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Part: Five Going Public > Printing Your Illustrations

Chapter 24. Printing Your Illustrations

Sure, Illustrator images and effects look fantastic on the computer monitor. But the real proof of a program is in the printing. (If you're using Illustrator only to create Web graphics or screen illustrations, please feel free to skip this chapter.) Illustrator has a great track record when it comes to printing objects exactly as you see them on the screen, with the lowest likelihood of error. However, printing problems don't just happen randomly. Those people who manage to avoid problems usually have a good understanding of how to create their files and set their options with the output in mind.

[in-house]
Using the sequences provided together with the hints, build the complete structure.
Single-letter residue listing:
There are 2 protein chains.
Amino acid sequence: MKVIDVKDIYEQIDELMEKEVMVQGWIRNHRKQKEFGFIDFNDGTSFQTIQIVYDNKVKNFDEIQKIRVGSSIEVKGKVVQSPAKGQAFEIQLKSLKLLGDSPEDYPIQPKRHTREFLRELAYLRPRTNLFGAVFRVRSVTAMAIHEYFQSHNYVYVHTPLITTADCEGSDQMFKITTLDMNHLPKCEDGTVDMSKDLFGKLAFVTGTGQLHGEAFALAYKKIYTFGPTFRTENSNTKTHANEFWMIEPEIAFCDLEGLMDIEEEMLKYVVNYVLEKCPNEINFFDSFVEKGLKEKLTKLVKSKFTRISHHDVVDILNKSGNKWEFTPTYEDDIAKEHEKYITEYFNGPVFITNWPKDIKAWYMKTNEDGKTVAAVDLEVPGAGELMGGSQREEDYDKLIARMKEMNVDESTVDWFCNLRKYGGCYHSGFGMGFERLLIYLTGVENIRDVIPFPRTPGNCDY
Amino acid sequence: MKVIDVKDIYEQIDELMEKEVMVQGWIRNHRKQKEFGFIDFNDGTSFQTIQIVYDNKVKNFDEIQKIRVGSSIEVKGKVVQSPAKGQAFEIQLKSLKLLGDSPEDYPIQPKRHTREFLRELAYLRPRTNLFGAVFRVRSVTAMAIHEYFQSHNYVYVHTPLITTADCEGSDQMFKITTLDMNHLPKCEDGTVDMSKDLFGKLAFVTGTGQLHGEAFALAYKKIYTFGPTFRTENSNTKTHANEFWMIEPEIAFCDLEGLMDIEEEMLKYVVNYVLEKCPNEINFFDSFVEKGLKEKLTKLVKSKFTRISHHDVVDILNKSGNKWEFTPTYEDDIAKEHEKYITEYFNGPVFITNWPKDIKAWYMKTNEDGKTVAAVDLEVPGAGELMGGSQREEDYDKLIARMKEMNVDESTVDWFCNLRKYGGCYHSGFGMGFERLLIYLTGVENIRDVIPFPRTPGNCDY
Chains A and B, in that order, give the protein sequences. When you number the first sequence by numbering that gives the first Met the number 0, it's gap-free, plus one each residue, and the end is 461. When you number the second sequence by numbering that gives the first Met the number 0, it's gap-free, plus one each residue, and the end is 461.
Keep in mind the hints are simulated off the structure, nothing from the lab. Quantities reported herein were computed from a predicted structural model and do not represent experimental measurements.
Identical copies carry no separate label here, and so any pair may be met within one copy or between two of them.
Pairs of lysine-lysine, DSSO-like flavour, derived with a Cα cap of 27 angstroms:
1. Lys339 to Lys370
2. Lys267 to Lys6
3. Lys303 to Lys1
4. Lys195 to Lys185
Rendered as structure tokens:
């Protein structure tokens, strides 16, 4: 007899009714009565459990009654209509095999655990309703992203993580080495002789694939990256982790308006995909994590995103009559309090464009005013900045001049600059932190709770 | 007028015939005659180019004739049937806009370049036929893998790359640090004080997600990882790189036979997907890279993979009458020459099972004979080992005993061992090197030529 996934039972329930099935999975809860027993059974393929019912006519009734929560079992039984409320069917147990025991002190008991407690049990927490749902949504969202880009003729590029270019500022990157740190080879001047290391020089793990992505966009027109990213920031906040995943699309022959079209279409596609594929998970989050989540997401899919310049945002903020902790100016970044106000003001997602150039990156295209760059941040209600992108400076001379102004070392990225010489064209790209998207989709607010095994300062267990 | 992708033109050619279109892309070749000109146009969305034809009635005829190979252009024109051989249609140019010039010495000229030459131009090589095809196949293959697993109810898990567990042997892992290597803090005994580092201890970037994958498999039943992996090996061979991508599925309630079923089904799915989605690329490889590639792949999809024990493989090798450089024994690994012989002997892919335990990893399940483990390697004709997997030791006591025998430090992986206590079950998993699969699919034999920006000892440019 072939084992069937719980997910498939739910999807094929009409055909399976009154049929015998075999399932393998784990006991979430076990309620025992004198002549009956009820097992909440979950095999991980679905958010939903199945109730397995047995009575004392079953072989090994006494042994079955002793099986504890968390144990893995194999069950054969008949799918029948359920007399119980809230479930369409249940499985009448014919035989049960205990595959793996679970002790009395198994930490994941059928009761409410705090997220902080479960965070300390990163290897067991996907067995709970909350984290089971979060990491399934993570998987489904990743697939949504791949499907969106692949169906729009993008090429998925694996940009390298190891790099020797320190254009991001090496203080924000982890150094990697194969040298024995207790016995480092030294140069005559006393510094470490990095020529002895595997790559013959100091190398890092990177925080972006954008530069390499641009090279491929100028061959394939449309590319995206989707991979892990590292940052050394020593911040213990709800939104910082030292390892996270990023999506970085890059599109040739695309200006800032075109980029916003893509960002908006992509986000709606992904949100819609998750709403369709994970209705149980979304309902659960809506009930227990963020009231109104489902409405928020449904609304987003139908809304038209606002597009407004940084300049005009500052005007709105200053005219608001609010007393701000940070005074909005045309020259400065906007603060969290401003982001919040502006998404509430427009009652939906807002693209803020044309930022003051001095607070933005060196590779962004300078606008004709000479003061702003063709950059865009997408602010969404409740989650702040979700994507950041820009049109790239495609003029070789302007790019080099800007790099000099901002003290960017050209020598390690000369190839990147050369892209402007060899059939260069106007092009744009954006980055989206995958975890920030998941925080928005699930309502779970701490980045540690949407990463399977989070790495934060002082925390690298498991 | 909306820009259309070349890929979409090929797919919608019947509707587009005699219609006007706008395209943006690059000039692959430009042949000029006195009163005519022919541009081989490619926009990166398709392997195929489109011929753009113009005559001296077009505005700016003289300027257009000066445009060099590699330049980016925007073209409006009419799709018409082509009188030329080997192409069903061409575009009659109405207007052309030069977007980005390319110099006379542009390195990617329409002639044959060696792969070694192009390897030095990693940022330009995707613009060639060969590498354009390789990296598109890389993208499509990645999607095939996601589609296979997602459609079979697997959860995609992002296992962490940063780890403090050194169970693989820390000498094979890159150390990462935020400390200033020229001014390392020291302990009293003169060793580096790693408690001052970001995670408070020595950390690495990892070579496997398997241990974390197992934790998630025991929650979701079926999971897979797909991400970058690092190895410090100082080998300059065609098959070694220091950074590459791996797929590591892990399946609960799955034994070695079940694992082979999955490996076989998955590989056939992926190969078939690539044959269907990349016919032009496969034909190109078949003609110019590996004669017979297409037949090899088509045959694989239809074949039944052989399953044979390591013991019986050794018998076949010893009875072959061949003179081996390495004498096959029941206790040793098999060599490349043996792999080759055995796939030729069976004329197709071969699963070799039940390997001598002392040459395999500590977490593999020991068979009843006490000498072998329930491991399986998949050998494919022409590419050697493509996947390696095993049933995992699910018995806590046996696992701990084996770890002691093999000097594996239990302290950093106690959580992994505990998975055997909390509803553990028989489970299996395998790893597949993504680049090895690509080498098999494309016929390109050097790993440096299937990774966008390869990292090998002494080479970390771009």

This chapter explains how to print your illustrations to a PostScript-compatible printer (also called an output device). Although Illustrator is capable of printing to non-PostScript printers, such as inkjet devices, this is not its forte. I don't mean to be a PostScript elitist—heck, I love my color inkjets—but every high-resolution, professional-quality device includes a PostScript interpreter. And even those who proof their artwork on inkjet devices will eventually have their files separated using high-resolution PostScript printers.


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